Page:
Czechs mourn their dead, personalizing a sea of crosses on Old Town Square
A year after the Covid pandemic hit the country, the Czech Republic has the highest number of Covid deaths per capita in the world. On the sad anniversary of the first Covid death-on March 22- bells tolled around the country and close to 25, 000 crosses drawn in chalk appeared on Prague’s Old Town Square –one for each victim of the pandemic. Since then the square has become a place of mourning where people come to say a prayer and pay tribute to loved ones.
The imposing historic square that has appeared in photos around the world, packed with tourists, or thousands of euphoric sports fans celebrating a hockey victory, now presents a very different picture. Its cobblestones, covered with a sea of close to 25,000 white crosses, bear witness to the tragic loss that has hit thousands of families –the loss of loved ones to Covid -19.
The crosses were the work of the anti-government movement Million Moments for Democracy as a silent accusation of the government for the high number of dead. However, people drawn to the square to witness the sight, started personalizing the sea of crosses by adding the name of a loved one, lighting a candle and a flower.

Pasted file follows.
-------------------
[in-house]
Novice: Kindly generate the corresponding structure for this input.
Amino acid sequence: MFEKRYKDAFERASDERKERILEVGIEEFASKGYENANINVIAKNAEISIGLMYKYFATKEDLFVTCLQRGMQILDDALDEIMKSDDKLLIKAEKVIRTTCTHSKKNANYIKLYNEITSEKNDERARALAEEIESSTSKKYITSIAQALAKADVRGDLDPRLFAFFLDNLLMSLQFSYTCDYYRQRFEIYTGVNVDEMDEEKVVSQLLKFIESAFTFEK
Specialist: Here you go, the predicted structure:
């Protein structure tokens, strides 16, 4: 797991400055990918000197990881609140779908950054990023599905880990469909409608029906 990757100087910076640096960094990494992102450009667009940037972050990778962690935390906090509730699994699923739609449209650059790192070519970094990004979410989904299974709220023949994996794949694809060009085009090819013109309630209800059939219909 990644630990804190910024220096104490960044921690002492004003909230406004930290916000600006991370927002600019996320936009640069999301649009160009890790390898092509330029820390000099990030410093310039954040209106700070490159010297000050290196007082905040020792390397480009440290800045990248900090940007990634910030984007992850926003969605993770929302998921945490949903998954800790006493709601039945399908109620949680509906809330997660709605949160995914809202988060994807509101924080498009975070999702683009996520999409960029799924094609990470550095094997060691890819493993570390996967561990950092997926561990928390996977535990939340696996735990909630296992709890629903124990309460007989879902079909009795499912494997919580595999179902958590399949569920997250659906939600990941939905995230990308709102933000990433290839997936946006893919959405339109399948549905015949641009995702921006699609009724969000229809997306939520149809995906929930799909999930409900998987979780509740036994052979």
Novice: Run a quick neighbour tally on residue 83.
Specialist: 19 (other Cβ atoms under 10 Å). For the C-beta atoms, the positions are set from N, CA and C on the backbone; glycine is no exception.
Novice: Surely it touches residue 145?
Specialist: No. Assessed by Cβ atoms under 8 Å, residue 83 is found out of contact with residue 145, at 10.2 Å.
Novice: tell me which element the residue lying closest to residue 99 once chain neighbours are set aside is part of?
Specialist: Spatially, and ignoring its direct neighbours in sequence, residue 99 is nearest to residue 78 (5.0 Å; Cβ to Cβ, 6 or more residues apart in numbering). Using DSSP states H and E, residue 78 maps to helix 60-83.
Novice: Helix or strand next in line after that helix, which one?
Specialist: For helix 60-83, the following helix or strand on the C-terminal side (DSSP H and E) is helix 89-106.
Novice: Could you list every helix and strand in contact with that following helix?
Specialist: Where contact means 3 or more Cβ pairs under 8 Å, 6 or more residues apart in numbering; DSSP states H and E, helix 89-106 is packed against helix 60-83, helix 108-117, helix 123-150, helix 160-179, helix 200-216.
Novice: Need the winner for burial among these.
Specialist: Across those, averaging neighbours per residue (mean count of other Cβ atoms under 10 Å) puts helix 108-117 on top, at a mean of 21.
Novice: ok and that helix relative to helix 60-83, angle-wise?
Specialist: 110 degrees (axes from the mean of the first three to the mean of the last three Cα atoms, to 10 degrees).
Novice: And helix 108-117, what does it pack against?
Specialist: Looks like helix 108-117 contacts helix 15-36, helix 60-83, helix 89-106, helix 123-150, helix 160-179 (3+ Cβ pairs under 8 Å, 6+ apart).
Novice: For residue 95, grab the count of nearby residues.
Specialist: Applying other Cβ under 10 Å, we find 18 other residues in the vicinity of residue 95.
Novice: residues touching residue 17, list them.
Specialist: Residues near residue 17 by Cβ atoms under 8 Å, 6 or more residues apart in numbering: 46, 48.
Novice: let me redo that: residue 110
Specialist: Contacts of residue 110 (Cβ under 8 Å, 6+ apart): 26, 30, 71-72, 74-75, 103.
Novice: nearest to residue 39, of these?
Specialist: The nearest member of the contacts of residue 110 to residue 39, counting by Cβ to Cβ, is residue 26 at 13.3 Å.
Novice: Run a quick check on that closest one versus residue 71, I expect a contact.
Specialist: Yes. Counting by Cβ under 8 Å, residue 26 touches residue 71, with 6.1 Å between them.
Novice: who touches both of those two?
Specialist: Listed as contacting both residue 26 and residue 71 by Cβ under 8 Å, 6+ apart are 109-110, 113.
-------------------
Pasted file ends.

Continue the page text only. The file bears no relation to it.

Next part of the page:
Granny Anna, Ondra, Milan, Eva, Daddy Josef, Šárka – the names of wives, fathers, sons, nephews and neighbours. Most visitors to the square come alone or with close family members. Marie, a young student kneels in tears as she chalks her grandma’s name next to one of the crosses and lays a tulip next to it. “It was a good idea” she says looking at the sea of crosses, “maybe this will make the deniers take notice and realize that things are really serious.“
A middle-aged woman hesitates before picking a cross to write a name. She is here for an elderly neighbour who has lost her husband and is too frail to come herself. A young father with a small son chalk a name next to a cross together, stay a few minutes and leave. There are those who come to pay tribute to a relative from a different part of the country –write their name, light a candle and take a picture to send to close relatives in Karlovy Vary or Olomouc.
For some, personalizing one of the crosses on the most beautiful square in the country helps them to come to terms with the fact that, due to the coronavirus restrictions in hospitals, they were unable to say goodbye. For others who come to see the unbelievable sight for themselves, the sea of crosses helps to make real the death toll number that has become a regular part of the prime time news.